Jungle Cruise is the latest live-action release from Disney studios and stars Dwayne Johnson, Emily Blunt, Jack Whitehall, Edgar Ramirez, and Jesse Plemons. Based on Walt Disney’s theme park ride of the same name, the film follows riverboat captain, Frank Wolff (Johnson), Dr. Lily Houghton (Blunt), and her brother MacGregor (Whitehall), on a mission into the depths of the Amazonian jungle to find the ‘Tree of Life’, which is believed to possess healing powers that could revolutionize modern medicine.
Their journey down the river comes with more than the usual challenges as the trio must fight off not only the deadly elements but wild animals, avenging conquistadors, and a competing Imperial German expedition that is determined to find the tree first.
“You booked a river cruise and you can’t swim? The price just went up.”
Co-stars, Johnson and Blunt develop strong chemistry from the start and the film benefits the most when the two bounce off one another. Comparisons to Brendan Fraser and Rachel Weisz’s relationship in The Mummy jump out of the screen, as Frank’s wild, rough and ready persona clashes with the educated, strong-minded, and often stubborn Lily.
Blunt delivers the strongest performance of the film, as she brings her own unique style to the role, creating a character full of charm, humor, and independence (there is no damsel in distress in this one). Lily may be the closest thing we have seen to a female Indiana Jones, even though the actress herself admits she doesn’t like the pressure that comes with that compliment.
Johnson brings his usual charismatic presence to the role, and his larger-than-life persona is felt throughout, but his proven action credentials felt underutilized for most of the runtime. He shines most in the comedic scenes, with a plethora of puns and one-liners. Whitehall rounds off the trio with an uneven performance – sometimes humorous but often feeling like a distraction. He is involved in some of the film’s funnier moments but for the most part, his character feels like an afterthought.
Jesse Plemons and Edgar Ramirez are tasked with bringing Jungle Cruise a formidable foe, but sadly neither fully deliver on this. Plemons’ WW1 German general feels very cartoony throughout, and although Ramirez’s Conquistador certainly has an intimidating and creepy look to him, the character falls short of adding an overwhelming sense of dread.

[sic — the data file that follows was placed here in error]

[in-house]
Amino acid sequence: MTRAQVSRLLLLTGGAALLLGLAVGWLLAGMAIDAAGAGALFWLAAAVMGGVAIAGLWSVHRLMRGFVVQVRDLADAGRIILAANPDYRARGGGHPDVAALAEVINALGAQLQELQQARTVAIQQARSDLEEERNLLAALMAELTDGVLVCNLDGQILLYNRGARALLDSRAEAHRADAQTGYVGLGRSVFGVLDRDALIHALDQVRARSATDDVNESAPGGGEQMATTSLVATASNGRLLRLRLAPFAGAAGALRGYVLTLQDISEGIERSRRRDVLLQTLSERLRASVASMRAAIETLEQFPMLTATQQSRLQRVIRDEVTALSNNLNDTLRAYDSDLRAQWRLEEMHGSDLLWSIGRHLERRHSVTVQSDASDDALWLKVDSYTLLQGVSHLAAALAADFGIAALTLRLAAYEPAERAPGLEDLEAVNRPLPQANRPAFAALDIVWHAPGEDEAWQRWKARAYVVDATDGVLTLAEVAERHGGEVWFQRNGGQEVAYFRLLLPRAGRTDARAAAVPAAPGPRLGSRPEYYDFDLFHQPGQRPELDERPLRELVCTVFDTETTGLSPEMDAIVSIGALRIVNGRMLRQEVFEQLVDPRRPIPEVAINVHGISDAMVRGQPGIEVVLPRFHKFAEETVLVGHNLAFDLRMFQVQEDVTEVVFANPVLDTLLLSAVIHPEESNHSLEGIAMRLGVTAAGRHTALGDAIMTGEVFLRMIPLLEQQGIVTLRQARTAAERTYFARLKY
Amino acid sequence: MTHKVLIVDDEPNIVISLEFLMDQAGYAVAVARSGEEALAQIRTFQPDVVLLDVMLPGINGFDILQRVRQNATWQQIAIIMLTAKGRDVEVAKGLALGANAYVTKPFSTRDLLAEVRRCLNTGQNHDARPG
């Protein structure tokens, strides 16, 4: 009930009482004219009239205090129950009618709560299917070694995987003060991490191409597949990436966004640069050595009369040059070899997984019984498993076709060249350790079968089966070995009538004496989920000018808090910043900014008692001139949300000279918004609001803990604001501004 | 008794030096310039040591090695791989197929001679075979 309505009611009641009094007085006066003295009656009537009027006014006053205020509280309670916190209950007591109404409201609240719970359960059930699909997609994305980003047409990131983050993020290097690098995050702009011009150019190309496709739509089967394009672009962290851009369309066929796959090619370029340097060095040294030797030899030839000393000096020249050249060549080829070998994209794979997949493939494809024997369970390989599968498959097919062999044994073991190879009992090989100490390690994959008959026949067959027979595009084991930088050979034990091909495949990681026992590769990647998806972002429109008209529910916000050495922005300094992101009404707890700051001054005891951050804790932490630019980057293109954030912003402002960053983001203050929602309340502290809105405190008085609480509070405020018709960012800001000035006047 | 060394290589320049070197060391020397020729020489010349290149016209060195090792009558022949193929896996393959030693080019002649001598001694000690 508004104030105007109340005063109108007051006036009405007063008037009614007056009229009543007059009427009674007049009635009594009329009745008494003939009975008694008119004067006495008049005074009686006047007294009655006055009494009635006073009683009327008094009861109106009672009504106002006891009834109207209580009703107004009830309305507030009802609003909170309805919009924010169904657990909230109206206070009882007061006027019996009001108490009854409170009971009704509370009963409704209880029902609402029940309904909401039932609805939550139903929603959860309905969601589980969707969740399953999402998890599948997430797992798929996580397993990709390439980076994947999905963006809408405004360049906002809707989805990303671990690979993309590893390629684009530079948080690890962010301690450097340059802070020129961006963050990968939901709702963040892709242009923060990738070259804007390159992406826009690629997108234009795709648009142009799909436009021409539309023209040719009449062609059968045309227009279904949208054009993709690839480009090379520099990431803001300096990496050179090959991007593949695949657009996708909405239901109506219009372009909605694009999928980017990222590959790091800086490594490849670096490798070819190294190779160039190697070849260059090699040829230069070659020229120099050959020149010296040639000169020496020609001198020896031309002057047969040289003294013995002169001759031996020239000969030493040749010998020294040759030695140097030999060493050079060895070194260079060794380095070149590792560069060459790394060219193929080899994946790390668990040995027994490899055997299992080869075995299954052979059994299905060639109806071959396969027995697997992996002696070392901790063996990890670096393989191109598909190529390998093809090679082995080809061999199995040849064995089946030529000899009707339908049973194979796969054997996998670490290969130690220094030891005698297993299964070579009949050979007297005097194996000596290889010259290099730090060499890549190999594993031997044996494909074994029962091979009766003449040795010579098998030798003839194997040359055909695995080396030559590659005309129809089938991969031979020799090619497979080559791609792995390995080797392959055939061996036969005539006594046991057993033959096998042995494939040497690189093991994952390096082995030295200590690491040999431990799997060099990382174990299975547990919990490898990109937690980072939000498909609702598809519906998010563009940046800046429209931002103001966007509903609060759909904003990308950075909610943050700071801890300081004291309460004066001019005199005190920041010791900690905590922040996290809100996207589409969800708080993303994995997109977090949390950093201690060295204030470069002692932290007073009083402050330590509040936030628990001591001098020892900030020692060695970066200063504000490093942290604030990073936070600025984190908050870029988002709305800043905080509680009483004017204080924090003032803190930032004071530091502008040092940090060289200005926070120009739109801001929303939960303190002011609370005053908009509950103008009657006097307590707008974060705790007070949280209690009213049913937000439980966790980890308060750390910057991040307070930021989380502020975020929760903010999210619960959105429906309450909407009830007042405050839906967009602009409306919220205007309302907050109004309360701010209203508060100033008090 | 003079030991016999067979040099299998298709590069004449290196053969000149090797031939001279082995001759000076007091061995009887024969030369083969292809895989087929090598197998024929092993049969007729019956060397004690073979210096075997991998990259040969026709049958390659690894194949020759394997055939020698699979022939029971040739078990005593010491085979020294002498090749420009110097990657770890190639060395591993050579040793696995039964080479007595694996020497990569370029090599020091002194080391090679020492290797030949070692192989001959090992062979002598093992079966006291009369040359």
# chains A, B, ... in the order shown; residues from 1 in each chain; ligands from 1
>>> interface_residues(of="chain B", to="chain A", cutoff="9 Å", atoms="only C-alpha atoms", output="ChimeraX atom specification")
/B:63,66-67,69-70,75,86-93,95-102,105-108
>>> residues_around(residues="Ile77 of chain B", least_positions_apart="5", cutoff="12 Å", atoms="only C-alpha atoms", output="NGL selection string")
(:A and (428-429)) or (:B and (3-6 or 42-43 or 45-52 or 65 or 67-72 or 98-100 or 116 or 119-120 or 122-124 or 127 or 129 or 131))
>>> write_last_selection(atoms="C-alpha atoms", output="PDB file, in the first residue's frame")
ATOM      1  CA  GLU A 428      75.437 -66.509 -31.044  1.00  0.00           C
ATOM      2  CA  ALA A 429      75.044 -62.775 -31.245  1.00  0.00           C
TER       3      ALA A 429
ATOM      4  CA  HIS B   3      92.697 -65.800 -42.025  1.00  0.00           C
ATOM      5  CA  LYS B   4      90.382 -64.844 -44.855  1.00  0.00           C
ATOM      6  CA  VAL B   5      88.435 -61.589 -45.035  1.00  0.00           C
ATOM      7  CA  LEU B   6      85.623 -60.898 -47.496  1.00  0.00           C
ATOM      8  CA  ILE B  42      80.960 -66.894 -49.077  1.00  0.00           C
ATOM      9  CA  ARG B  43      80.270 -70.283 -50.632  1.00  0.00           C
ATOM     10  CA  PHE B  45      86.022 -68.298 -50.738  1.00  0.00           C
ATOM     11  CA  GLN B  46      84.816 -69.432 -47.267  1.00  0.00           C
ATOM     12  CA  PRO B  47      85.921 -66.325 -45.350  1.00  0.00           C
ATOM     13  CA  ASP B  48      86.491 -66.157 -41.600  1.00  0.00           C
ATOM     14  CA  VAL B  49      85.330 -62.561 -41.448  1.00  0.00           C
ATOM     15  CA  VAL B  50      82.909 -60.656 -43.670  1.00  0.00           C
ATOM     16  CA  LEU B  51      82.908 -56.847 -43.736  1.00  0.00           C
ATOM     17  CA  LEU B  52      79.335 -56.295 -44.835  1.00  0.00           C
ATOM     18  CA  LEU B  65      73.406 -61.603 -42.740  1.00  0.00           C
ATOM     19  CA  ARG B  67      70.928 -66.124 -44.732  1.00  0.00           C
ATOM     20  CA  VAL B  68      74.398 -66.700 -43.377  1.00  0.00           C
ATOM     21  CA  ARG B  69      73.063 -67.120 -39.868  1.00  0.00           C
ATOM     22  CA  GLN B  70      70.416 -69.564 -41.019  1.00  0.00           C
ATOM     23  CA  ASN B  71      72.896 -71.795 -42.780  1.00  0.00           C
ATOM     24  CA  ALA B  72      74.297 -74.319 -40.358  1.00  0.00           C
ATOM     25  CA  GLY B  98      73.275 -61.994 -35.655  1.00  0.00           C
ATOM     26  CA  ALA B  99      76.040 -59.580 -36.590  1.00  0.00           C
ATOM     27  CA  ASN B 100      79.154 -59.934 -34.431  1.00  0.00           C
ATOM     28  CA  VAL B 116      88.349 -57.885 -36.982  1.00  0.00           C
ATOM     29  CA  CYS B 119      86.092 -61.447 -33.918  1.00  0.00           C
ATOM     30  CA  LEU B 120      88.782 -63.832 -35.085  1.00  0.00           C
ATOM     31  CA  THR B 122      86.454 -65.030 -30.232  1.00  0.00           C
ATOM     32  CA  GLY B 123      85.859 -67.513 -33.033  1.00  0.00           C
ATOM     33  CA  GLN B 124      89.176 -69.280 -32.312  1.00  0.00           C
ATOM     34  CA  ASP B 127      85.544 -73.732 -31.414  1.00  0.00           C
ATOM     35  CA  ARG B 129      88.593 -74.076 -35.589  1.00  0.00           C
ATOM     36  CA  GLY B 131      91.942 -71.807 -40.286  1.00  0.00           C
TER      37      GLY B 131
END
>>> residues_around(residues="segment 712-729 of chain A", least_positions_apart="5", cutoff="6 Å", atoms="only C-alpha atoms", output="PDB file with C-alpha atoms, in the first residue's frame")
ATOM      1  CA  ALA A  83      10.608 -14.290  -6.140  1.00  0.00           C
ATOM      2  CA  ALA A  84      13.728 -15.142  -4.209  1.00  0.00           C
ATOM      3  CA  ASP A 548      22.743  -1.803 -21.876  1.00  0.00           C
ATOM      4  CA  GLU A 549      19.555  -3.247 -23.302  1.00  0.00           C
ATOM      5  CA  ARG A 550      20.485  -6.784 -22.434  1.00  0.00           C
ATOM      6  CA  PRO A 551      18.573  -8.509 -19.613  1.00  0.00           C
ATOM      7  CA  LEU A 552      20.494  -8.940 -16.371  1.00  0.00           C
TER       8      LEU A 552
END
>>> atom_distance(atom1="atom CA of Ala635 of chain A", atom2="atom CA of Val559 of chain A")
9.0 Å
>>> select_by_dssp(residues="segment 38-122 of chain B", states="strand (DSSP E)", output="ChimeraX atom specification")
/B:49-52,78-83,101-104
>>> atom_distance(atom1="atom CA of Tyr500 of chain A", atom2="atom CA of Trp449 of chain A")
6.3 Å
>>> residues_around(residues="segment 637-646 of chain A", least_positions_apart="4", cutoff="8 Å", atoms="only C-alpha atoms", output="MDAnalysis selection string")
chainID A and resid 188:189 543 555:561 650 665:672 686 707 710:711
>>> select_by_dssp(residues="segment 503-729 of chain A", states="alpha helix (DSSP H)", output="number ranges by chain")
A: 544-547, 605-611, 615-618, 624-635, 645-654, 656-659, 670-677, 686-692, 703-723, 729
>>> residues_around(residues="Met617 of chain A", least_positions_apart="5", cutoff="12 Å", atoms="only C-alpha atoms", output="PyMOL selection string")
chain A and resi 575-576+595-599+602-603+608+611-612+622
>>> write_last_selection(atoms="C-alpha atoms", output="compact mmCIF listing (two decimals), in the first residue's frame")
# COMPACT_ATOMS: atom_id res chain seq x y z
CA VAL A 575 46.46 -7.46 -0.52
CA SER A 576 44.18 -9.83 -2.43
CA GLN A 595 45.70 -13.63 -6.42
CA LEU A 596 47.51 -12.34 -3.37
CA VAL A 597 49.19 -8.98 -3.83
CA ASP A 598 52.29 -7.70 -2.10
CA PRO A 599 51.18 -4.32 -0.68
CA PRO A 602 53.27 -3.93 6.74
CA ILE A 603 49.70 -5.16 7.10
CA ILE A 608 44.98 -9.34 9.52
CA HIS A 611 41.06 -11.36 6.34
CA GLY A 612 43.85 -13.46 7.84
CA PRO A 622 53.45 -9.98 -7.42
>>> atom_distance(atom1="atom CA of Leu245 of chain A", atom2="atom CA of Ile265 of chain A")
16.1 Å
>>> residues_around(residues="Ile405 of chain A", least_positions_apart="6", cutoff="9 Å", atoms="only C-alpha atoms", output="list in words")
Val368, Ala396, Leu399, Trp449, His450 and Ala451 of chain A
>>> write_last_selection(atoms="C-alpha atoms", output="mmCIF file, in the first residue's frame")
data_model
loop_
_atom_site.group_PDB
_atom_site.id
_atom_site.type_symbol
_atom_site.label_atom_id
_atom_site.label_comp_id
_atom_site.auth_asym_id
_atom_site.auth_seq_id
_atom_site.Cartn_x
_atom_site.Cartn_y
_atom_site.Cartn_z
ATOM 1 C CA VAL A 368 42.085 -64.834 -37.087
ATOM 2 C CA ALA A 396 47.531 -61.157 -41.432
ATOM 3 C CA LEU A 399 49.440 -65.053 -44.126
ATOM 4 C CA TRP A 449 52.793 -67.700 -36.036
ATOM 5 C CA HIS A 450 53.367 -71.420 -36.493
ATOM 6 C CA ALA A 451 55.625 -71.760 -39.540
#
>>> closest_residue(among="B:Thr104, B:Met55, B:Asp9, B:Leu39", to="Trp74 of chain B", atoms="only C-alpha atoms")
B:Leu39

“Everything that you see wants to kill you… and can.”
Director Jaume Collet-Serra brings this world to life with gorgeous visuals and creative world-building. The costume and set design are stunning, and there are many different assorted characters who help fill out this journey. You can see why his direction has gained favor with Johnson and his Seven Bucks Production team, who have brought him on board to direct the upcoming Black Adam film.
Disney productions have become infamous for their strong CGI work, both in animation and live-action, but Jungle Cruise really suffers in this department. Many scenes look like something from a cartoon and this really affects the viewing experience. One can only speculate that a rush in production caused such a drop-off in quality, as otherwise, the film looks very impressive.
The film has a very classic look and feel to it, which deserves to be acknowledged, but it also suffers for trying to be too many different things. Homages to past classics in the genre are very evident but the film tries to take too much from them and doesn’t do enough to create something unique.
Jungle Cruise has all the ingredients to make a classic genre film but never fully realizes any of them. It is driven by the chemistry of its leads and works as a fun-packed family adventure, full of awe and wonder, that will certainly provide some much-needed escapism for all, but falls short in many other areas. The performances are committed, the comedy is effective, and the action sequences deliver some thrills – but don’t come as often as they should. Jungle Cruise tries its very best to live up to the classics of this genre but falls victim to not forging its own path.
My rating: 3 out of 5 stars.
Jungle Cruise is out in cinemas now, and available to stream on Disney Plus Premier Access. Check out the trailer below.
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